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Swiss longitudinal retrospective cohort study of nurses’ career paths and retention

English title Swiss longitudinal retrospective cohort study of nurses’ career paths and retention
Applicant Addor Veronique
Number 147159
Funding scheme Project funding (Div. I-III)
Research institution Haute Ecole de Santé de Genève (HEdS) HES-SO
Institution of higher education University of Applied Sciences and Arts Western Switzerland - HES-SO
Main discipline Health
Start/End 01.10.2013 - 31.12.2015
Approved amount 500'000.00
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All Disciplines (2)

Discipline
Health
Public Health and Health Services

Keywords (8)

Nursing; Retention; Shortage; Health systems; Human resources for health; Cohort; Career; Public Health

Lay Summary (French)

Lead
Le projet de recherche n@w fournira aux directeurs/trices de soins, aux décideurs de politique sanitaire et aux scientifiques, des informations objectives sur les parcours professionnels, la durée en emploi et la fidélisation dans les soins, des infirmières ayant obtenu leur diplôme en Suisse au cours des 30 dernières années.
Lay summary

Les ressources humaines en santé représentent un élément central des systèmes de santé, et les infirmières en sont une composante cruciale pour atteindre les objectifs sanitaires. La recherche montre qu’une dotation insuffisante en infirmières augmente la morbidité et la mortalité des patients hospitalisés. La pénurie globale d’infirmières touche également la Suisse, et est appelée à se péjorer en raison de l’augmentation de la demande en soins infirmiers (vieillissement de la population, pathologies multiples, baisse du bénévolat) et de la diminution du nombre d’infirmières formées en Suisse disponibles et/ou acceptant les conditions de travail actuelles. 

Le FNS a déjà financé l’étude-pilote de n@w (voir https://nurse-at-work.hesge.ch).

Les infirmières et infirmiers ayant reçu leur diplôme de base dans une école de soins infirmiers suisse depuis 1983 seront invité-e-s à remplir un questionnaire sur internet (dans les trois langues nationales) concernant leurs emplois successifs, qu’ils soient dans le domaine des soins ou dans d’autres secteurs économiques. Celles et ceux qui ne travaillent plus nous intéressent particulièrement, et sont difficiles à retrouver. C’est l’une des raisons pour lesquelles une campagne de presse auprès du grand public est prévue, afin d’assurer le taux de participation le plus élevé possible et une large palette de parcours professionnels. Les motivations personnelles et institutionnelles liées à chaque changement de travail seront investiguées auprès de plusieurs générations d’infirmières encore potentiellement actives, afin de proposer des stratégies de fidélisation des infirmières basées sur des avis et des faits provenant d’une population représentative des infirmières.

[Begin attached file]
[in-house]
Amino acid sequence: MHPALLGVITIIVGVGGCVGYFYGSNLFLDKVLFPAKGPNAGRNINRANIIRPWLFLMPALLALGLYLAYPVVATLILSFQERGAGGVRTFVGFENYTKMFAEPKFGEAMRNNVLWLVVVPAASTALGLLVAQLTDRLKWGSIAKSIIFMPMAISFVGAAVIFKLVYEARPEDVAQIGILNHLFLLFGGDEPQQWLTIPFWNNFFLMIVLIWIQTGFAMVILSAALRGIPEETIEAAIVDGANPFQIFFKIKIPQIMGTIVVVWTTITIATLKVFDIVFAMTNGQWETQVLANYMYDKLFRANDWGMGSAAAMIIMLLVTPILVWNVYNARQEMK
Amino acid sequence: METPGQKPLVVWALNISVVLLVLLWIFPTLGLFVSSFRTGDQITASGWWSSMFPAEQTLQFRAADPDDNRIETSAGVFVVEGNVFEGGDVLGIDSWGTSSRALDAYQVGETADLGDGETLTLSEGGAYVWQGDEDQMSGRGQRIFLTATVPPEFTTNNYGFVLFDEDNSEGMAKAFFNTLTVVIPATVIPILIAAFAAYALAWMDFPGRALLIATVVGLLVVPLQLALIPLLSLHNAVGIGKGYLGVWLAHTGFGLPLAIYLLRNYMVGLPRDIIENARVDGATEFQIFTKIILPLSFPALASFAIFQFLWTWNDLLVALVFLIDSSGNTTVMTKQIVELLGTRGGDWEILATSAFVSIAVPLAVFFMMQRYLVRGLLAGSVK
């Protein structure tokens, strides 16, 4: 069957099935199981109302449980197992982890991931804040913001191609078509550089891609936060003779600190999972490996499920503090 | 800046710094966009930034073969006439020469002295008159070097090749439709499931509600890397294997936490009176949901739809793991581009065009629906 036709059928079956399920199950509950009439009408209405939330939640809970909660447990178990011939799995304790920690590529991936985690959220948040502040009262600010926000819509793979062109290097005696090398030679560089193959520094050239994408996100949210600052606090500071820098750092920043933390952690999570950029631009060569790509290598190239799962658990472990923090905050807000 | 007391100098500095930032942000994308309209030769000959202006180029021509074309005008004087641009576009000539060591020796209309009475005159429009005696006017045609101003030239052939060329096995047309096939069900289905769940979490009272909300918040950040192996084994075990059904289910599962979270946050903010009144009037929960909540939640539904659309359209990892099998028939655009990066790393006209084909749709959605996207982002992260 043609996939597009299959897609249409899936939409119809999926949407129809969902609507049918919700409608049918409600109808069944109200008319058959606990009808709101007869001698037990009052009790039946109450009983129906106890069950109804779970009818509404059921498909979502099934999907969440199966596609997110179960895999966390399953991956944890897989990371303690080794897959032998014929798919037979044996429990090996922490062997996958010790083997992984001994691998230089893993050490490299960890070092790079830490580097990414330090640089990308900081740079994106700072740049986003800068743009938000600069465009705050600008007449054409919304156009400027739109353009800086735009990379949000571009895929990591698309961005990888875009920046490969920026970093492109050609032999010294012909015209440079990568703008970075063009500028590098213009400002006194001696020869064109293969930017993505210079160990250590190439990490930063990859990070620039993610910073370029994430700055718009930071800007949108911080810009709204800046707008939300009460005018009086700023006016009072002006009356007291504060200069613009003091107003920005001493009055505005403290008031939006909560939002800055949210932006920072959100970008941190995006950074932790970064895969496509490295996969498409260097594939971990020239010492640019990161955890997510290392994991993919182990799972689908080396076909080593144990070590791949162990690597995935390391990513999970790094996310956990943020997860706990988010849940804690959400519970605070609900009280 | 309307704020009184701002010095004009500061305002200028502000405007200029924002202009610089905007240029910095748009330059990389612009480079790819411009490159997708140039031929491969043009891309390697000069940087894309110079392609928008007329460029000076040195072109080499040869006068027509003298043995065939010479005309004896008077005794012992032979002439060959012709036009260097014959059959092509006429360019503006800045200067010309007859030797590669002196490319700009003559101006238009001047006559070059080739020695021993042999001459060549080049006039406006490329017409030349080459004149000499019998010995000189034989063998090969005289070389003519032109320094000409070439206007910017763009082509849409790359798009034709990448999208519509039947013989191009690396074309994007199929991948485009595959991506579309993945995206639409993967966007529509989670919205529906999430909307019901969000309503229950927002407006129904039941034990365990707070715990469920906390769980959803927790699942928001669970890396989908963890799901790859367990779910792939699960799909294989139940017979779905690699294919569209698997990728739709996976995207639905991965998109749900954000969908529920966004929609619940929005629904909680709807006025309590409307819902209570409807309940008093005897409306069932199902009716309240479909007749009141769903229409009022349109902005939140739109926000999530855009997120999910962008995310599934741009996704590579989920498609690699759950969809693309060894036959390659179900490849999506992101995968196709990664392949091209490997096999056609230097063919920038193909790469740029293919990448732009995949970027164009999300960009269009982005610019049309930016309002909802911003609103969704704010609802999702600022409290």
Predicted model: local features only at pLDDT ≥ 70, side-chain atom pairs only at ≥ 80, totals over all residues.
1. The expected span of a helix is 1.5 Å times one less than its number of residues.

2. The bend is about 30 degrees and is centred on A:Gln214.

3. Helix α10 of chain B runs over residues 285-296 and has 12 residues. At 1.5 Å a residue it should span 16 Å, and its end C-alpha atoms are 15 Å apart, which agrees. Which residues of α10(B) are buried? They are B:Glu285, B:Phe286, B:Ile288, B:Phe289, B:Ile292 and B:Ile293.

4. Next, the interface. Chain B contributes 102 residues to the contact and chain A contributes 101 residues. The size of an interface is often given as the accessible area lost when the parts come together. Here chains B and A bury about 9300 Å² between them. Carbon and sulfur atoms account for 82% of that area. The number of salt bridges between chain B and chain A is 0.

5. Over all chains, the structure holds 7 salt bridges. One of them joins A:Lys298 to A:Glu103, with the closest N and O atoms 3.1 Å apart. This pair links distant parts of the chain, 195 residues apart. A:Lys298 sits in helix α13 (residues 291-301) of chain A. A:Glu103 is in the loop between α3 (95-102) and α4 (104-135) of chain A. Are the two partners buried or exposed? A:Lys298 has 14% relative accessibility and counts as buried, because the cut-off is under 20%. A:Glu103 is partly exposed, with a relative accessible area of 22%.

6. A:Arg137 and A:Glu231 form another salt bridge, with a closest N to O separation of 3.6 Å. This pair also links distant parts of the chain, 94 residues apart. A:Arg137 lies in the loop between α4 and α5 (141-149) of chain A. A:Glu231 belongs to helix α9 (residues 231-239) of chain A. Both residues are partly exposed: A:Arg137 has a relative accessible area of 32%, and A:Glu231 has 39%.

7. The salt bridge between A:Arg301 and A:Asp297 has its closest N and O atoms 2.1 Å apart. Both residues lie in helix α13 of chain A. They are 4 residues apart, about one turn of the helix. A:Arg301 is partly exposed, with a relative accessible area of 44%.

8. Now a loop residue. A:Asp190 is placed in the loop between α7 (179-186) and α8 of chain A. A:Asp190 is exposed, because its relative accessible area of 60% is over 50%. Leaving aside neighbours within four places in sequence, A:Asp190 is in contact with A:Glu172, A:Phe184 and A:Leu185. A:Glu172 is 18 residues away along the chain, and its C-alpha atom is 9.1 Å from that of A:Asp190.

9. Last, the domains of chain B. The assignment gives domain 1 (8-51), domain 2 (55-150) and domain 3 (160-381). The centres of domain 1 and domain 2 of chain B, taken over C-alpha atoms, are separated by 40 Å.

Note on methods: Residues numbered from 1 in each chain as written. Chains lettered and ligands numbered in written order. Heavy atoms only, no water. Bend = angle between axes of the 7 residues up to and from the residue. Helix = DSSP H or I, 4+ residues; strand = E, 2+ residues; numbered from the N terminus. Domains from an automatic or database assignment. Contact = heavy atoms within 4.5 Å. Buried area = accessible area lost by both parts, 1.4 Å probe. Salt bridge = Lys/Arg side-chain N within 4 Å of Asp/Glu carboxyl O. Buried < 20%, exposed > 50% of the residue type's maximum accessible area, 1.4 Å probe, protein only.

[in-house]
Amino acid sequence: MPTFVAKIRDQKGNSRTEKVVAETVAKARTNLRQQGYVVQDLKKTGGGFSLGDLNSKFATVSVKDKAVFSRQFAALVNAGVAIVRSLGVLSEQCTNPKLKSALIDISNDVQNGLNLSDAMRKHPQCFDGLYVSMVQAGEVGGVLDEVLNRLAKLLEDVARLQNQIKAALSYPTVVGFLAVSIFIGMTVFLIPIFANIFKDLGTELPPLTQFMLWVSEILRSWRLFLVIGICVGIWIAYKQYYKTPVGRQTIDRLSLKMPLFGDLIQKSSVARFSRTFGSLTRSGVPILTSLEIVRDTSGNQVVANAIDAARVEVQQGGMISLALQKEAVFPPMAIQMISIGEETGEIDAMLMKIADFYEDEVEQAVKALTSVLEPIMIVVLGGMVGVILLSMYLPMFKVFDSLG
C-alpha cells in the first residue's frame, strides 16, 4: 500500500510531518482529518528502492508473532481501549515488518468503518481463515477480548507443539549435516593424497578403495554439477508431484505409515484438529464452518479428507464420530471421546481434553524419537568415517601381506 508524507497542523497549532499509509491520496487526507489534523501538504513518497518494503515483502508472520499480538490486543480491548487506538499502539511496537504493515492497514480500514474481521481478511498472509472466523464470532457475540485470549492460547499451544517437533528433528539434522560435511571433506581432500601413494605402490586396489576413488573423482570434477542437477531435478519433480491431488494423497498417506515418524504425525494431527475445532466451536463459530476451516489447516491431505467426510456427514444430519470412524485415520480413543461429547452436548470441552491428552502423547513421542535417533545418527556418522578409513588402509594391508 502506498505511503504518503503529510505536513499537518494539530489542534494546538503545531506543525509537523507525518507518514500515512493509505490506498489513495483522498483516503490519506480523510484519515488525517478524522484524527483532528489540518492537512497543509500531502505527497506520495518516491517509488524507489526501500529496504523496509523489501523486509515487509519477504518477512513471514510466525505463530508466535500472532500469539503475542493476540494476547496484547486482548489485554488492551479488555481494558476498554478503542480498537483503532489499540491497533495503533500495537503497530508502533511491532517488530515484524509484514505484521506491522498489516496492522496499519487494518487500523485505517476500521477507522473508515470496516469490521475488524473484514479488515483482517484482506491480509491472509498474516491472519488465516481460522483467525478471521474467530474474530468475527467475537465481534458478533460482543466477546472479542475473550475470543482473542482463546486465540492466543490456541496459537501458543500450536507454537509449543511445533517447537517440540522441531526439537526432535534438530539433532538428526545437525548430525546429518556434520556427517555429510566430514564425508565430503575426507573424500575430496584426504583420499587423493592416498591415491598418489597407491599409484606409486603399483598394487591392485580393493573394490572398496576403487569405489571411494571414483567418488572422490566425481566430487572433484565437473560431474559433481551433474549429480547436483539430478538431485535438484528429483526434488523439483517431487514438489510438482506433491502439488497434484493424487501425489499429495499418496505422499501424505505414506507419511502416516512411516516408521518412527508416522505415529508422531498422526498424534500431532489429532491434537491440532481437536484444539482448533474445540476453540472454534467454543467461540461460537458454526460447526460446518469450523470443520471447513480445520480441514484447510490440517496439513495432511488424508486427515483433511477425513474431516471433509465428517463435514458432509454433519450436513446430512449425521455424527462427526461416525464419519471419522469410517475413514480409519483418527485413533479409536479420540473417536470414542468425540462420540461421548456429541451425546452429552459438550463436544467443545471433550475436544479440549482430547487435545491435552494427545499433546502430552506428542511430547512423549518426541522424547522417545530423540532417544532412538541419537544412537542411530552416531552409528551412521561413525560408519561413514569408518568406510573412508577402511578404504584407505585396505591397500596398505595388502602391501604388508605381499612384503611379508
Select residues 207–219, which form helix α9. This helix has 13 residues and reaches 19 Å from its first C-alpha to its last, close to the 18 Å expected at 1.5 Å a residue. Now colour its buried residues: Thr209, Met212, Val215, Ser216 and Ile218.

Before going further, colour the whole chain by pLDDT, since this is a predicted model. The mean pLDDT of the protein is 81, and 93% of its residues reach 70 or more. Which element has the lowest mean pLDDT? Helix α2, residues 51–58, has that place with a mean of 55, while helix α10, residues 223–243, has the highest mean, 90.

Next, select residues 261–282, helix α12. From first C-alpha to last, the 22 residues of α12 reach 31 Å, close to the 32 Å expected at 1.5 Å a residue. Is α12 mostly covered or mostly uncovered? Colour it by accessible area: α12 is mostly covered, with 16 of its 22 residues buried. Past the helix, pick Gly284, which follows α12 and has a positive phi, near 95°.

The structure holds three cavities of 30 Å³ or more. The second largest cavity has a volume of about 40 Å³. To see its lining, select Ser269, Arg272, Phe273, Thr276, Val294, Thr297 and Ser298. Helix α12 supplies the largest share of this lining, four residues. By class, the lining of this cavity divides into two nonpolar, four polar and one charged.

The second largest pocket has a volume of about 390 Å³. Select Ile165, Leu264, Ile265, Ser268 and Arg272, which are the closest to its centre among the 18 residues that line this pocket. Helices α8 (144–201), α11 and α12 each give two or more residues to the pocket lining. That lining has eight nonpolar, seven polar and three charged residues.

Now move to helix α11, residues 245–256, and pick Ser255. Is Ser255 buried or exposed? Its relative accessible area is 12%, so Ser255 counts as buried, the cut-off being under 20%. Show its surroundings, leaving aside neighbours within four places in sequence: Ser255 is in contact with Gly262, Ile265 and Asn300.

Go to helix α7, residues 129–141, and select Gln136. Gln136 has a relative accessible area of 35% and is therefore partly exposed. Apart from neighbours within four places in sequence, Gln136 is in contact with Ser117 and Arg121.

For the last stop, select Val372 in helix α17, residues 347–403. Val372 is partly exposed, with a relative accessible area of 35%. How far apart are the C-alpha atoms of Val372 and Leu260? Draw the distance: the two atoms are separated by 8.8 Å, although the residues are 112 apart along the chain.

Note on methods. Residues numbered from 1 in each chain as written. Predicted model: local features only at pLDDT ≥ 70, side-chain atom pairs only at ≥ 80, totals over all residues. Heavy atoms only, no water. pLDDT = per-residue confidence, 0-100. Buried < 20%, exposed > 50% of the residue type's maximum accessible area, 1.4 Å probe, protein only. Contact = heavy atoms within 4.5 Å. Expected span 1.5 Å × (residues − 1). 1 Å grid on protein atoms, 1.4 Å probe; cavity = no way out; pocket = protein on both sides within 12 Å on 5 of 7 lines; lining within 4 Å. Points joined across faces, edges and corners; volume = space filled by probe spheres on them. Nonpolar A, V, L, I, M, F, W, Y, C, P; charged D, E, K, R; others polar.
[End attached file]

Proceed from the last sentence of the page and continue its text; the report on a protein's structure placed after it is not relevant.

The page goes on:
Direct link to Lay Summary Last update: 30.04.2013

Responsible applicant and co-applicants

Employees

Publications

Publication
How to identify and recruit nurses to a survey 14 and 24 years after graduation in a context of scarce data: lessons learnt from the 2012 nurses at work pilot study on nurses’ career paths.
Addor V Jeannin A Morin D Lehmann Ph Roulet Jeanneret F Schwendimann R (2015), How to identify and recruit nurses to a survey 14 and 24 years after graduation in a context of scarce data: lessons learnt from the 2012 nurses at work pilot study on nurses’ career paths., in BMC Health Services Research , 15(120), 1-10.